Monday, August 30, 2010

Don't back me in a watermelon spitting contest..............

 It doesn't make much sense, but no matter how large the plate, or how small the portion of melon, I simply can't hit the plate with my seeds. Period. End of story. I knew you'd want to know.

At last, I get to start actually doing something with my clamshells. WooHoo!!! About time, too. In the spirit of showing the process, I took the following photos. Please keep in mind that I do not know what I'm doing. I am just trying to use common sense, and what I've learned from you other ladies, and praying for good results. As I am math disabled, I don't know the formula for figuring out the size of a square, using only the diagonal. I know there is a way, but since it is unfamilar to me, I just cut a piece of background fabric far larger than I knew it would need to be. I made a 40" square, and sewed a strip of twill tape down the center line, creating two stabilized triangles. The tape is to prevent stretching, and distortion. This will create the first two setting triangles for the feathered star, after the clamshells have been appliqued on, and the square cut in half.  There will be four triangles total.



 If you look very closely, you can see a pale yellow line on each side of the clamshells. This is to keep the sides even, and straight, because the outer strip of fabric will be trimmed off eventuall, leaving only a seam allowance for adding a border. The ruler is to help keep the little boogers straight along the bottom, too. You may sense a theme here.



In the second photo you can see that I ran a line of stitching down the opposite diagonal to keep my center straight, also. Here the first batch of clamshells have had the paper removed, and are glue basted and ready to stitch.  Then, because I can't stand not seeing how things are looking in the "big picture", I pinned the whole thing up on the design wall to take a gander...............here is what I saw:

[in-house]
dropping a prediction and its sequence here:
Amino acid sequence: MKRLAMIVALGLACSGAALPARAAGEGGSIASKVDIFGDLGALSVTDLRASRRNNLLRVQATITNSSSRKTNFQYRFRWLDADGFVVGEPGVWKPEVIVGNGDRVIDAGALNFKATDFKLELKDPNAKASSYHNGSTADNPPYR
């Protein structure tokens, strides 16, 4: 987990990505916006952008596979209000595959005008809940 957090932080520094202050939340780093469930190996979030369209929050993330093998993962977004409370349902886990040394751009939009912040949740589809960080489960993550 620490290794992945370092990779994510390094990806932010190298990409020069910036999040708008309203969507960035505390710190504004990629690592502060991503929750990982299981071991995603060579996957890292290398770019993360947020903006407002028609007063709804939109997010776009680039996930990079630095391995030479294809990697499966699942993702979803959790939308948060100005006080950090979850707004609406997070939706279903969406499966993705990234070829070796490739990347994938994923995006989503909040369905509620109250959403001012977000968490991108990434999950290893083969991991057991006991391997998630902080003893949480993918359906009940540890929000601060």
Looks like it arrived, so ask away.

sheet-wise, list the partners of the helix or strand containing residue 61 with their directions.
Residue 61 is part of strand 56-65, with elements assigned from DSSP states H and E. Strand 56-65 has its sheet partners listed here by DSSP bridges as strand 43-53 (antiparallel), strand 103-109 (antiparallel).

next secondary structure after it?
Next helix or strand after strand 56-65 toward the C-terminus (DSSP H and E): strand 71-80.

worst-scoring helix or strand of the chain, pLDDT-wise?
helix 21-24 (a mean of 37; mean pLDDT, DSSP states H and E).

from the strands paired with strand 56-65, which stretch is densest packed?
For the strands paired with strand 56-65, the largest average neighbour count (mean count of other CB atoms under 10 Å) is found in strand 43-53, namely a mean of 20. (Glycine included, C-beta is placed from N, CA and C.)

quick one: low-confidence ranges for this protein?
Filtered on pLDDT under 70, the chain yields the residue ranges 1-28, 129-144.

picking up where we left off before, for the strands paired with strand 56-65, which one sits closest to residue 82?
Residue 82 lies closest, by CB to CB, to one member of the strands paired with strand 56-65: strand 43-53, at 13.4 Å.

What do you all think? I am excited, because it is looking as I envisioned. My powers of description must leave something to be desired, because my husband saw the clamshells, and his face lit up, and he said "Oh, that's going to be pretty!" I don't know what he thought I was going for, but apparantly he was worried.

So that's my progress for the month, and with a little industry, and a whole lot of luck, maybe I'll have the four corners done, and be able to show you the center of my large quilt by the end of September. I look forward to seeing how all of you have progressed, too.  Michele
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24 comments:

  1. WOW that is going to be a stunning quilt!! Here is a link to the "math" for on-point quilts: http://quiltville.com/onpointmath.shtml

    Just copy and paste the address :0)

    Crispy

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  2. Hi
    They look great!!!
    math disabled, good one - me too :)
    wow, I'll have to check out crispys link

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  3. I have to agree, WOW! that is so pretty and adventurous of you. It's going to come out so wonderful and I'm looking forward to seeing it.

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  4. I think it's going to be fabulous in combination with your beautiful star, I love stitching these little shapes together.

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  5. I left a very nice comment in the middle of our night. Guess some nasty ghost blew it away.
    Anyway I told you that you made me smile with your story. The shells look wonderful and I can't wait to see the four corners.
    Jossie